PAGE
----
With narrowband the path to IoT is wider : Page 2 of 3

July 27, 2017 //By Kashif Hussain
With narrowband the path to IoT is wider 
If Machina Research, and countless other analyst firms are right, and the number of IoT connected devices grows to something like 27bn by 2025 – then the networks available to carry all the data they will produce are going to need a whole lot more capacity, and quickly.  

Although NB-IoT is integrated into the LTE standard, it can be considered as a new air interface and therefore – on the face of it – not fully backward compatible with legacy networks.  However, the genius of its design is that it can happily co-exist with GSM, GPRS and LTE technologies without interference and with excellent side-by-side performance.

In fact, there are three main deployment options for NB-IoT within GSM and LTE networks.

GSM is still the dominant mobile technology within many markets, and the significant majority of M2M applications today use GPRS or EDGE for connectivity.  Simply by switching a single GSM carrier to handle NB-IoT traffic, operators can ensure a smooth transition to LTE and massive Machine-type Communication (MTC). This deployment approach will accelerate IoT time to market, maximize the benefit of existing infrastructure and future-proof IoT investment.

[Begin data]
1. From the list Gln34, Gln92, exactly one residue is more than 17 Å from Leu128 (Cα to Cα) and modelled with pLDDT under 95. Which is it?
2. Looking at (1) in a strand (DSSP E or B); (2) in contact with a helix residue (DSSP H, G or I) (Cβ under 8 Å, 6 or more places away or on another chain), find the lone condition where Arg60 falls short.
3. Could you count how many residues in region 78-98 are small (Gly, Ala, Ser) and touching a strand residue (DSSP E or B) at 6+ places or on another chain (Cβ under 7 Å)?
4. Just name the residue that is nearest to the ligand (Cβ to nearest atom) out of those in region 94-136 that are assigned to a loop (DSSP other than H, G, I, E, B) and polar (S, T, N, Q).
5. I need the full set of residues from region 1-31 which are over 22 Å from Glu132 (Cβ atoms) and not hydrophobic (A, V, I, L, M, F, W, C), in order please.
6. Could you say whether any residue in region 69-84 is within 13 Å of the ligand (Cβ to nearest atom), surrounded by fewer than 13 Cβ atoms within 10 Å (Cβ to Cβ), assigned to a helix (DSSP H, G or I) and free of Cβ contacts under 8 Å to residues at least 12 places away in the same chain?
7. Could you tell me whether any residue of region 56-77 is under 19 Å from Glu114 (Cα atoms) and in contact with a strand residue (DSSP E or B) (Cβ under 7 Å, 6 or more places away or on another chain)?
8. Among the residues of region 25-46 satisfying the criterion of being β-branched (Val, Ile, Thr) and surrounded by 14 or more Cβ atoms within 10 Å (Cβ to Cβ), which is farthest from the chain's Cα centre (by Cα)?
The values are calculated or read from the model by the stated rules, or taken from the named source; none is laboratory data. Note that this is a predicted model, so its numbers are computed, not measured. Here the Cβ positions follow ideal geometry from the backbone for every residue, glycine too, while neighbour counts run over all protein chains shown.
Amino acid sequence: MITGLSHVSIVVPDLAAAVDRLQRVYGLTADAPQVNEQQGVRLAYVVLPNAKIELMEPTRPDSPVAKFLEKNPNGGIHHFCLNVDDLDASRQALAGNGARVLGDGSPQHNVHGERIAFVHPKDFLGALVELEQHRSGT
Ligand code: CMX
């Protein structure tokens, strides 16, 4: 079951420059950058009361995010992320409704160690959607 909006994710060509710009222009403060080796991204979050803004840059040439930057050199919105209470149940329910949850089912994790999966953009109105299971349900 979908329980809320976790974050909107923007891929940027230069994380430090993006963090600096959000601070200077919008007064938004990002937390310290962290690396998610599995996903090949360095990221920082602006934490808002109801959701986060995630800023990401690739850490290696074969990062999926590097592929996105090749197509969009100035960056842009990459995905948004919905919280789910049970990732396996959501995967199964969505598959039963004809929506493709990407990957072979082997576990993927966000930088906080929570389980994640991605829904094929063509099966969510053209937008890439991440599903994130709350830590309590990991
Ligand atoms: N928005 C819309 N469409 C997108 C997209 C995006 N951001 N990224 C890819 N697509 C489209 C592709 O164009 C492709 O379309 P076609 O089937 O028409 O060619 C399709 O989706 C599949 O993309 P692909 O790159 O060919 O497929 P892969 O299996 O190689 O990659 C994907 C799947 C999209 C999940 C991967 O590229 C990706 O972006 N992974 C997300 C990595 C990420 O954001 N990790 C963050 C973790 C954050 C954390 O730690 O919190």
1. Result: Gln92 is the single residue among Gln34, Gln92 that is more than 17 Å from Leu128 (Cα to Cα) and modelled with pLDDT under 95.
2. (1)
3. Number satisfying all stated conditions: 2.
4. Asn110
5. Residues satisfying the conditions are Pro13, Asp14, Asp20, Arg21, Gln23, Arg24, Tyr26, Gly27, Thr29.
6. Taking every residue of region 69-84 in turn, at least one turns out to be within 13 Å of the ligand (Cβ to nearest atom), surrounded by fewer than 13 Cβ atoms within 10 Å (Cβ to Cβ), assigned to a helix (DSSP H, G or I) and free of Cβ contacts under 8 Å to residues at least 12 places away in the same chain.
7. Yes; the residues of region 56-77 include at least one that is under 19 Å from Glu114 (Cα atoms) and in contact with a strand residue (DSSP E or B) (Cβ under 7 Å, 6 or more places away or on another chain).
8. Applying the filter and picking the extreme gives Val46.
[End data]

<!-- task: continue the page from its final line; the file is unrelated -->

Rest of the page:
Alternatively, in LTE networks, NB-IoT can be deployed ‘in-band’ to provide a highly spectrum-efficient and cost-effective deployment. This in-band option sets NB-IoT apart from any other competing LPWAN technology.  

The in-band deployment sees NB-IoT as a self-contained element that uses a single physical resource block (PRB) within the network. Furthermore, the NB-IoT carrier can be switched to other network uses if there is no IoT traffic. This capability means the network can intelligently multiplex IoT and LTE traffic on the same spectrum to minimize the total cost of the operation and scale with the volume of MTC traffic.

Vous êtes certain ?

Si vous désactivez les cookies, vous ne pouvez plus naviguer sur le site.

Vous allez être rediriger vers Google.